If you go to a racecourse there will be a lot of talk about money changing hands. For the most part its money to the bookies and not the betting punter but one coin that people won’t be talking about is the Guinea. What on earth is a Guinea? Well, this was a coin that was minted between the years 1663 and 1814. You don’t see many of them about now and they can be of some interest to UK Coin dealers. If you are looking for a coin specialist GM Coins is one of a select few UK coin dealers in Gloucestershire. It was made out of gold from Africa. Hence the name as this came from what we would now call the country Equatorial Guinea which was then part of the British Empire. What happened to it, and why is it still used in Horse and Greyhound racing?
As the coin was made from Gold its value went up and down a bit. It is recorded as being the first coin to be produced by a machine at the royal mint and started off being worth, after decimalisation, one pound and five pence or twenty shillings before that. As we said before, because it was made of gold this value went up to thirty shillings at one point before the Government decide that enough was enough and set its value at twenty one shillings until 1816.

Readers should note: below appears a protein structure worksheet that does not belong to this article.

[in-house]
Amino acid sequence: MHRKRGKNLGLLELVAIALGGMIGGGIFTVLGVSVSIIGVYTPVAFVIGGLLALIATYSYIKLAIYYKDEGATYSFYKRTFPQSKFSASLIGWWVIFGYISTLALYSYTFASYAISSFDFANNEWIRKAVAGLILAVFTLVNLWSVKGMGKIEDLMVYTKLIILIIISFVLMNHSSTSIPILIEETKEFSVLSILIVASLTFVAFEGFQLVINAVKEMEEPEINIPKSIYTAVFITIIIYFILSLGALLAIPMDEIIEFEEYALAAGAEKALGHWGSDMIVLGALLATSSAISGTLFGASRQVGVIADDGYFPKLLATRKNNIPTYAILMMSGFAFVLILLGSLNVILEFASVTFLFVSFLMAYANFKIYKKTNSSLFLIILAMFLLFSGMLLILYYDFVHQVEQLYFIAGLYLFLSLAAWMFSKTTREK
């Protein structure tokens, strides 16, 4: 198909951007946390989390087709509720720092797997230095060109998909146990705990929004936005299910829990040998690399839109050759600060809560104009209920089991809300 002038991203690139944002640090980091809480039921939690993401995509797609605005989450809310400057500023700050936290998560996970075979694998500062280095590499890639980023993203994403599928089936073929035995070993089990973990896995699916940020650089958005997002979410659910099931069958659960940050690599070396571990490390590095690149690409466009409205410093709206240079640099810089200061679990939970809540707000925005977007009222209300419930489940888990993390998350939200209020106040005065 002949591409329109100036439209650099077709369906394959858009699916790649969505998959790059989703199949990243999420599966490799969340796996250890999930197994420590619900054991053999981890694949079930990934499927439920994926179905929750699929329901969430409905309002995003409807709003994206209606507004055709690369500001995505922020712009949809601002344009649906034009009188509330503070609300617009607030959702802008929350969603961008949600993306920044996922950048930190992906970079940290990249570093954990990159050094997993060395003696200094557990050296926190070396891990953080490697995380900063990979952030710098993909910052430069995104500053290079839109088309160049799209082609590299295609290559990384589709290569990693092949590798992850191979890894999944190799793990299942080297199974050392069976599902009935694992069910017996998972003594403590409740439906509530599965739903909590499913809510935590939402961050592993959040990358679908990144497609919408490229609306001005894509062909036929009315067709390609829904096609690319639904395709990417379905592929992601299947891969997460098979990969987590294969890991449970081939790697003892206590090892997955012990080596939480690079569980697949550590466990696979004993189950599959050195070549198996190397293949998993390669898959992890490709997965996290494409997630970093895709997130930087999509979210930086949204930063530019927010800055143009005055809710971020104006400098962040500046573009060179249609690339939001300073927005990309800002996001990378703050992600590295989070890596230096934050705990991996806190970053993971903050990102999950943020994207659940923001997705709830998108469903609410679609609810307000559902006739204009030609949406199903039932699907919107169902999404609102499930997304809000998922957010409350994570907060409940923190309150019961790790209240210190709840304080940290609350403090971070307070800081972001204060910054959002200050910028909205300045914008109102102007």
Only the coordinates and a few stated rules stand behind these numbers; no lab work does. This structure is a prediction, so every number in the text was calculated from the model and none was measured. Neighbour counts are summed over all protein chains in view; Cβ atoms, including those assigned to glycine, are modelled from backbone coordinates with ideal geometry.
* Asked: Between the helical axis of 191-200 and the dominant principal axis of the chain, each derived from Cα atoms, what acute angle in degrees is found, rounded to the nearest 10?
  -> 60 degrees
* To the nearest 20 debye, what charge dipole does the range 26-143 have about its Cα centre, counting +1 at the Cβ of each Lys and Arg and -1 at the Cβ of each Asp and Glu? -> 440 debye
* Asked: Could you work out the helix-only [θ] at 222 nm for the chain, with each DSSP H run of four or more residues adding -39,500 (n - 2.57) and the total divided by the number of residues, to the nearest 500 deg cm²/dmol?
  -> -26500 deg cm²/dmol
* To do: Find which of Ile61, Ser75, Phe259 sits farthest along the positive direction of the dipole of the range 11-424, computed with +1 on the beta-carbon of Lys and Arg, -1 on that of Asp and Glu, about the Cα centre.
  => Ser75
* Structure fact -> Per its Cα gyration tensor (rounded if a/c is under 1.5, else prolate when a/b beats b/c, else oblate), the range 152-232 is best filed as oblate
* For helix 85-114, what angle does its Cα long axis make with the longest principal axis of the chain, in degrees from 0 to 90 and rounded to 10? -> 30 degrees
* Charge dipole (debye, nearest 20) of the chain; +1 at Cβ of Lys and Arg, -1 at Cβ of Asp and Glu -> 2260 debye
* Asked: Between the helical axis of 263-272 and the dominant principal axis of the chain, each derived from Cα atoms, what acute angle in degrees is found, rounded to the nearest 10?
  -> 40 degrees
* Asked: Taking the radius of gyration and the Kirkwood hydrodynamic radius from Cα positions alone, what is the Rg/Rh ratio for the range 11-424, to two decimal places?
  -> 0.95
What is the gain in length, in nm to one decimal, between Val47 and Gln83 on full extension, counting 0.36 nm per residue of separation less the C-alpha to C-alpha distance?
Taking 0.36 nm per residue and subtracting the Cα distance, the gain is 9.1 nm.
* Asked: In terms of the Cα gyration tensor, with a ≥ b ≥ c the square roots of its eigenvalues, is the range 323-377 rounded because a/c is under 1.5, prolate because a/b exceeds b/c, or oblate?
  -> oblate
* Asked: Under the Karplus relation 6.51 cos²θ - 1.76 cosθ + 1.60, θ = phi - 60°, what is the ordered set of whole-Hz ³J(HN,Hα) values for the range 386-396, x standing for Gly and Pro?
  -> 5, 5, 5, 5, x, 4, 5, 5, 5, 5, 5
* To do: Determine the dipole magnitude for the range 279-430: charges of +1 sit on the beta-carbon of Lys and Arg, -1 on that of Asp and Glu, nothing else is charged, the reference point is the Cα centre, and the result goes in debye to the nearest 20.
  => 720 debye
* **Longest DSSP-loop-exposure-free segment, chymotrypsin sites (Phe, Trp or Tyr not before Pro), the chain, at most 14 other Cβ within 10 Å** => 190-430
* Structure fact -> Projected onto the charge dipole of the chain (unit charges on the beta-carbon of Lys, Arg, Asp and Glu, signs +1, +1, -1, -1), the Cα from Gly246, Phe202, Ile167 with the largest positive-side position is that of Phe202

Before Charles the Second the coin used to feature and Elephant and Castle related to the Royal African Company, and it’s unfortunate activities. Upon his restoration the King’s face was added. After his death the coin then goes on the have James the Second and after his forced departure following the Glorious Revolution it was the turn of William and Mary. This follows on until George the Third but as gold began to become scare the use of Bank notes became much more common form as a form of legal tender.
The last big pay out of the Guinea as a coin was to the Duke of Wellington’s army in 1813. As gold was worth quite a lot on the open market they got 27 shillings for each one. This was a bad news for the government and minting of the coin was halted. Three years later the pound replaced the Guinea, the gold sovereign replaced it as an actual coin. However, this was not the end for the Guinea as it became something of a coin for the Aristocrat to have and trappings of upper class life, art, land and Horse Racing (the sport of Kings, literally) retained the coin as a term of value.